'Jihad Jack' acquitted of funding charge

An Australian man who spent time at an al-Qaida training camp in Afghanistan and who met Osama bin Laden was found innocent today of receiving funds from the terrorist group.

Joseph Thomas, a 35-year-old Muslim convert dubbed Jihad Jack by the Australian media, was convicted on the lesser charge of possessing a falsified passport, for which he still faces a maximum penalty of 10 years in prison and a large fine.

The jury’s verdicts marked the end of Thomas’s second trial on the charges and a five-year seesaw ride through the legal system since his arrest in Pakistan in 2003.

Thomas was arrested after leaving Afghanistan where, by his own admission, he spent time in an al Qaida training camp and met Osama bin Laden, whom he later described as “very polite and humble and shy”.

He was returned to Australia and charged under tough anti-terrorism laws introduced as part of a security crackdown after the September 11, 2001, terrorist strikes in the United States.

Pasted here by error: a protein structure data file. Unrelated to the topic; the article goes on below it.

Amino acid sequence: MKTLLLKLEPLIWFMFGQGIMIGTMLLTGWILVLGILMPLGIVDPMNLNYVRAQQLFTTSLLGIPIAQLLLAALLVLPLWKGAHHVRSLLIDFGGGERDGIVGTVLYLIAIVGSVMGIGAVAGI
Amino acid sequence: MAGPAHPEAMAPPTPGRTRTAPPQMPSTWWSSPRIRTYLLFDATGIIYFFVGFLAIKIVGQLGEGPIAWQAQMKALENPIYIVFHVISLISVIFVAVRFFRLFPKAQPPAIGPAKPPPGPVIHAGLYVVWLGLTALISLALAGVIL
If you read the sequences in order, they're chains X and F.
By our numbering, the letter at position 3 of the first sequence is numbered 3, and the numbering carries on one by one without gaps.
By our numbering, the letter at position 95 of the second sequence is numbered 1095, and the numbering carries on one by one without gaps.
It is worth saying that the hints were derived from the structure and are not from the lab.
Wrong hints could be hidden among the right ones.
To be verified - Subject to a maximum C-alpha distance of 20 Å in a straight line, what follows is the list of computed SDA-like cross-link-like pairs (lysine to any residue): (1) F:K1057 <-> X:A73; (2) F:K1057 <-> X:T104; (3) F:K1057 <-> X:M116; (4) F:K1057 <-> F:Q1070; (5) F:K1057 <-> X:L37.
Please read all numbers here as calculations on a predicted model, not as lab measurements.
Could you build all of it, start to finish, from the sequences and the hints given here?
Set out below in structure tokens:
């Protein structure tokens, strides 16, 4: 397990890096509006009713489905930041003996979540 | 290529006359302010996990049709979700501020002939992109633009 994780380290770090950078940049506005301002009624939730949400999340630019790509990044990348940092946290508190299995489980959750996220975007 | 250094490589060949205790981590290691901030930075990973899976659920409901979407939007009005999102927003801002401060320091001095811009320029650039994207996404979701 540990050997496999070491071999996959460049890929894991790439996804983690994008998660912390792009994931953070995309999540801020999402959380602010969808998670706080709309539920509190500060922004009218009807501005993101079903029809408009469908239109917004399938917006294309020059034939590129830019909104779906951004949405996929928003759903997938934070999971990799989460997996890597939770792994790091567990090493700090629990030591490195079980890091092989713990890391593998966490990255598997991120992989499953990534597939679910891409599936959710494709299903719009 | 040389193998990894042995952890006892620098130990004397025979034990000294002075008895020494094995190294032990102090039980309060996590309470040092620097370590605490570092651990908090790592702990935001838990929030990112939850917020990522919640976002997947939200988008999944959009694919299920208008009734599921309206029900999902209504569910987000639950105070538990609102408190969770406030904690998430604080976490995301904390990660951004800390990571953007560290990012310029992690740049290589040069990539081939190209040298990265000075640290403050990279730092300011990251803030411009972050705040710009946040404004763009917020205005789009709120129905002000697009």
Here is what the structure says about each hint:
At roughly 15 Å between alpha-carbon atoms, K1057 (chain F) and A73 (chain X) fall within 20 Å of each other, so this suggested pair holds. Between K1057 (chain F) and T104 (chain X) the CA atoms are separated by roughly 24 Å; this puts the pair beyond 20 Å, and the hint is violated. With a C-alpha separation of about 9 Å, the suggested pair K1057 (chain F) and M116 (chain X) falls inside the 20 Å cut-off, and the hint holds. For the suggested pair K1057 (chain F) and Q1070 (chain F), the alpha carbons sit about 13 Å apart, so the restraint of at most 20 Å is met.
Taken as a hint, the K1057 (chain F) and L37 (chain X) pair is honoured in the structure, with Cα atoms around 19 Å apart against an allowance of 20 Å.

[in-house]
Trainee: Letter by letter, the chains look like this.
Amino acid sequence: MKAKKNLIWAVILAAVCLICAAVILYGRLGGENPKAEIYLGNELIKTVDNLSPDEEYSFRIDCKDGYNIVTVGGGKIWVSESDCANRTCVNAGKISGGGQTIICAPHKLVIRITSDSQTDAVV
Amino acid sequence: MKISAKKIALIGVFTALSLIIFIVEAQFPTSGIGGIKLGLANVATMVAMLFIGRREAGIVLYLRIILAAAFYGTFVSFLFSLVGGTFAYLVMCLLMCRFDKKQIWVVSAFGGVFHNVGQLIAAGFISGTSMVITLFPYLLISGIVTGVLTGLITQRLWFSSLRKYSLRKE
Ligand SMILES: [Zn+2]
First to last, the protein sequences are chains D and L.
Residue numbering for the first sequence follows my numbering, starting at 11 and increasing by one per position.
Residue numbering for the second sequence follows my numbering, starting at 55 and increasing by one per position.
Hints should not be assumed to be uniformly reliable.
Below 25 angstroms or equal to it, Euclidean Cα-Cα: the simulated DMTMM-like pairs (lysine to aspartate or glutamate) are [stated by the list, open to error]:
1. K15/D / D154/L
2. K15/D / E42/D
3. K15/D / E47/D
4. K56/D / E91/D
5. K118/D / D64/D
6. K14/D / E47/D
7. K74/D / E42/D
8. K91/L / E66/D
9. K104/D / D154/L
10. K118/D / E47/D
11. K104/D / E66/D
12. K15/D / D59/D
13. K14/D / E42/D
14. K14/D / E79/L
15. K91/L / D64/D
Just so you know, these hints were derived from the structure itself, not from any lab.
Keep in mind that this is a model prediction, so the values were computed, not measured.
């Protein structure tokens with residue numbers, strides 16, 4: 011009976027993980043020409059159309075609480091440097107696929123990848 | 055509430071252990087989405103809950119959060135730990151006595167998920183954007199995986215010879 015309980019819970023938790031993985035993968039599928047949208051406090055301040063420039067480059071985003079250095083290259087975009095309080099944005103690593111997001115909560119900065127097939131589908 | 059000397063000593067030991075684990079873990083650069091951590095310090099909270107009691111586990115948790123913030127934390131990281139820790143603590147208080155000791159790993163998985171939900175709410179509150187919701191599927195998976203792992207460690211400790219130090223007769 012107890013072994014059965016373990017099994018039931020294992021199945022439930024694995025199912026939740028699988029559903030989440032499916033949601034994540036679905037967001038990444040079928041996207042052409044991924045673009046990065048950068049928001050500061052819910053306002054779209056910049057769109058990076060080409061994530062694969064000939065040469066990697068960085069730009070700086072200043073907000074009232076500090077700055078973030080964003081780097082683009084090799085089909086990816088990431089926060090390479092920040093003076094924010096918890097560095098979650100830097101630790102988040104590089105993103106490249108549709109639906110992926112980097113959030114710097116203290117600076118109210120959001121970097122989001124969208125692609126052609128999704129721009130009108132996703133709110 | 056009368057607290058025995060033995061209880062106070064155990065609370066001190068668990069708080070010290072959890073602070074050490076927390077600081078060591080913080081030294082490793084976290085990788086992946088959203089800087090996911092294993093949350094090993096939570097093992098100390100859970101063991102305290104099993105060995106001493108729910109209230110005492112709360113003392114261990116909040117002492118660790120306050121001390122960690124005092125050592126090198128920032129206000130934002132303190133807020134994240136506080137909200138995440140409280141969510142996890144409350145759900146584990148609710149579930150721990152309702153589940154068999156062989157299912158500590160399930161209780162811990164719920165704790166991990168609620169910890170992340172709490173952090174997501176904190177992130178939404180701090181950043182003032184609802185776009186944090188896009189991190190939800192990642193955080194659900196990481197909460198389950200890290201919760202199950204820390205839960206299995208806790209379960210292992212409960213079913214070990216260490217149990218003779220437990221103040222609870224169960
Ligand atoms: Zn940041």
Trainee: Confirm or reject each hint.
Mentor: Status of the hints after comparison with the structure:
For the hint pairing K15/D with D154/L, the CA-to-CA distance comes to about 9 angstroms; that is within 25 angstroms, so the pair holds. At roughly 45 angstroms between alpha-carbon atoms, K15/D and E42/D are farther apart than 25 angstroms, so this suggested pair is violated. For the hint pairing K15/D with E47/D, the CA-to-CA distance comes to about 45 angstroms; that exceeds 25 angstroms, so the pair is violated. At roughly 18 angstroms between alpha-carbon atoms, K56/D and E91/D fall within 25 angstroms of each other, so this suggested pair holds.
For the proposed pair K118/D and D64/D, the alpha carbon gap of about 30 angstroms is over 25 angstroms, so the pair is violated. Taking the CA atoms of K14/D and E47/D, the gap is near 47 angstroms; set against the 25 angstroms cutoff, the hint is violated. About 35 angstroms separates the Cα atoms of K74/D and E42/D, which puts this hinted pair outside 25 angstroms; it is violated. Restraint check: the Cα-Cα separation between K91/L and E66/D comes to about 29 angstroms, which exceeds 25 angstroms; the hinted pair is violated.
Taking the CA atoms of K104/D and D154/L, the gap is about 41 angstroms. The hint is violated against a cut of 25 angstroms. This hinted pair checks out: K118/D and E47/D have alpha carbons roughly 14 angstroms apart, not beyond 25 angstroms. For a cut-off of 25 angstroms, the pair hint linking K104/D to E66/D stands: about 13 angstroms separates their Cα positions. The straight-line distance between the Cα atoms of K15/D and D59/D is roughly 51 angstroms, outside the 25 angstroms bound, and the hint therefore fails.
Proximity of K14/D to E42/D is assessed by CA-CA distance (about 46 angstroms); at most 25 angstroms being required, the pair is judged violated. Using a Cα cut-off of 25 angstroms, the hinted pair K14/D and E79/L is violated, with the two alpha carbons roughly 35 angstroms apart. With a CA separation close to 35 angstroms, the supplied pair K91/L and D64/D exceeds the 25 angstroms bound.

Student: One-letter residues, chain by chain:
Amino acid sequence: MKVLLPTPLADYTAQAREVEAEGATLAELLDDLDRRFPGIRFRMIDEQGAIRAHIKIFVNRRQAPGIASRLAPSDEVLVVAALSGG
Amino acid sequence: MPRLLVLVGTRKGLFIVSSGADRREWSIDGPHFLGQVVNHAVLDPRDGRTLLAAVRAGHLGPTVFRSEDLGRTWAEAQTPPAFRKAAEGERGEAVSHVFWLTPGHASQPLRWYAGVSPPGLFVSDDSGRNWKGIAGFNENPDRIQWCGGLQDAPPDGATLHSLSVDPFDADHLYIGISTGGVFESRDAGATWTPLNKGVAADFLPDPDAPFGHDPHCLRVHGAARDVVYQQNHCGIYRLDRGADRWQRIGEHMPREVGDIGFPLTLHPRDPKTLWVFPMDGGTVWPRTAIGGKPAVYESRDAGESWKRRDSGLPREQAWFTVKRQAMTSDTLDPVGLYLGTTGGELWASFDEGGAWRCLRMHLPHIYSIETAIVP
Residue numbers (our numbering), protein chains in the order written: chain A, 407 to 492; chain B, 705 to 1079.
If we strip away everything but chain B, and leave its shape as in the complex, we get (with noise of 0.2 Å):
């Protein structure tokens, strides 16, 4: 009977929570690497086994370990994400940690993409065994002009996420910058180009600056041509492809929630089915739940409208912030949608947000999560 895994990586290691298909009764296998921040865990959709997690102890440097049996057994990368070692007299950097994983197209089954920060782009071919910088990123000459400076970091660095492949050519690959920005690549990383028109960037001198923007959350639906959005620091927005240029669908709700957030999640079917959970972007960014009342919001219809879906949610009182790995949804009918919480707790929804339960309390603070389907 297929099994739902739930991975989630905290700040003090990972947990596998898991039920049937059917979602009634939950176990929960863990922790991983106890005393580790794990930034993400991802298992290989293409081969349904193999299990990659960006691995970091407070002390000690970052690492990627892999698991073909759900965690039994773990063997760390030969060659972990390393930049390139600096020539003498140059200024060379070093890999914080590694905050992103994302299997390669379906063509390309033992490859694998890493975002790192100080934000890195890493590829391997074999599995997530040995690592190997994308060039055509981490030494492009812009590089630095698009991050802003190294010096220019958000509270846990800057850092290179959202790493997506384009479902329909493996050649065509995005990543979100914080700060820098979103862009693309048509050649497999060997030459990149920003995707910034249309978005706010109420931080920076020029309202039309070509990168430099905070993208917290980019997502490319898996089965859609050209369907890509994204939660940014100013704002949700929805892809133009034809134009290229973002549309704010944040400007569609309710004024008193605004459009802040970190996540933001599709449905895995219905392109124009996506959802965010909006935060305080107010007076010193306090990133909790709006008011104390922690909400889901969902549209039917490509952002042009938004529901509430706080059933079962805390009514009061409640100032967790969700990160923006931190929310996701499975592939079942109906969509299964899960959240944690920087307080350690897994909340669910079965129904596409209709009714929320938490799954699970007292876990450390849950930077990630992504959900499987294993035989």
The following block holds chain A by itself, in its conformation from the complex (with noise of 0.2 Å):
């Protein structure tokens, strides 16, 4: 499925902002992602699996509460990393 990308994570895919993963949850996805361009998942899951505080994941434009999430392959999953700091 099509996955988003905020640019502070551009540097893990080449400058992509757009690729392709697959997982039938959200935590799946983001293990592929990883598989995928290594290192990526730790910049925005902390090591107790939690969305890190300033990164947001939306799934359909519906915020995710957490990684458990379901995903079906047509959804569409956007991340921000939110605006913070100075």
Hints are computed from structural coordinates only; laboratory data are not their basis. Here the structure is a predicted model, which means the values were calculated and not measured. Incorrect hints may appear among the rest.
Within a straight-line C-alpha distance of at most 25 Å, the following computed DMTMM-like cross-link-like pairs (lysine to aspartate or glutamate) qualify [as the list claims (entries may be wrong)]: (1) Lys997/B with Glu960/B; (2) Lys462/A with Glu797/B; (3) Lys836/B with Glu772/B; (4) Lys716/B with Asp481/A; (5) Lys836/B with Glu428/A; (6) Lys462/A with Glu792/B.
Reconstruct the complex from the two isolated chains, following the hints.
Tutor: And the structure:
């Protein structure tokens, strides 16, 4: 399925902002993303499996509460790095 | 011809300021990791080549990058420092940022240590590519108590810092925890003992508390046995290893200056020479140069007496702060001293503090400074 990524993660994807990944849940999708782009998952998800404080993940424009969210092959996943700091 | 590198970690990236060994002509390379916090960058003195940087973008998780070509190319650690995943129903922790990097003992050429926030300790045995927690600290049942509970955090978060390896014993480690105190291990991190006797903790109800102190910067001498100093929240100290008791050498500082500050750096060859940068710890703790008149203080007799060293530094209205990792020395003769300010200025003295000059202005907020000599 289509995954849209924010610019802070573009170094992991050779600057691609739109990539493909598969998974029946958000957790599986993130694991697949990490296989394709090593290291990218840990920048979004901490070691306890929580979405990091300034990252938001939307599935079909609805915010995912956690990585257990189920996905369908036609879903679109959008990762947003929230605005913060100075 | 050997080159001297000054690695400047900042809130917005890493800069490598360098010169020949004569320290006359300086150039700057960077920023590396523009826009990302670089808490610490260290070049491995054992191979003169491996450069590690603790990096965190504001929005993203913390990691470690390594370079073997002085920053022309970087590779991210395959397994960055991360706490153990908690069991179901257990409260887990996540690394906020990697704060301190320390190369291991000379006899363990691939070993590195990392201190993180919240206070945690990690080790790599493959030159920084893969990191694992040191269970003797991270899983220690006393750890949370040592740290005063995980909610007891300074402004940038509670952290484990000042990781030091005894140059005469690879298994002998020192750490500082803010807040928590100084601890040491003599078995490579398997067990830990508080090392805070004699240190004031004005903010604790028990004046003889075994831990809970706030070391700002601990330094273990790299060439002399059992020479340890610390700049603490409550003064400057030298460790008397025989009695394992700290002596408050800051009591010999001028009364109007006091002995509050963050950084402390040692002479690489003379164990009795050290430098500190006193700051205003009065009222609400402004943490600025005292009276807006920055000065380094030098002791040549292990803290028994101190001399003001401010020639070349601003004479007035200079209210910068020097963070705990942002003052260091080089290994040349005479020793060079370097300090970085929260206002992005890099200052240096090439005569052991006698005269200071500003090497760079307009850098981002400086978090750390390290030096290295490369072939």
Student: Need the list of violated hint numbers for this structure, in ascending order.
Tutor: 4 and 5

After his first trial, Thomas was sentenced in 2006 to five years in prison for receiving funds from a terrorist organisation and holding a false passport.

An appeal court overturned those convictions five months later, saying prosecutors had incorrectly relied on an interrogation of Thomas by Australian police in Pakistan.

Thomas’ lawyers had successfully argued the interview was tainted because he had been threatened with execution and deportation to the US military camp at Guantanamo Bay, Cuba, in earlier questioning by US and Pakistani authorities.

After he was freed, prosecutors argued that new evidence – contained in post-trial media interviews, in which Thomas talked about bin Laden – had emerged in the case and that Thomas should be retried.

The jury in the second trial on Thursday found Thomas innocent of receiving funds from a terrorist organisation but guilty of the passport charge. He was released on bail and required to return to court next week for a pre-sentence hearing.

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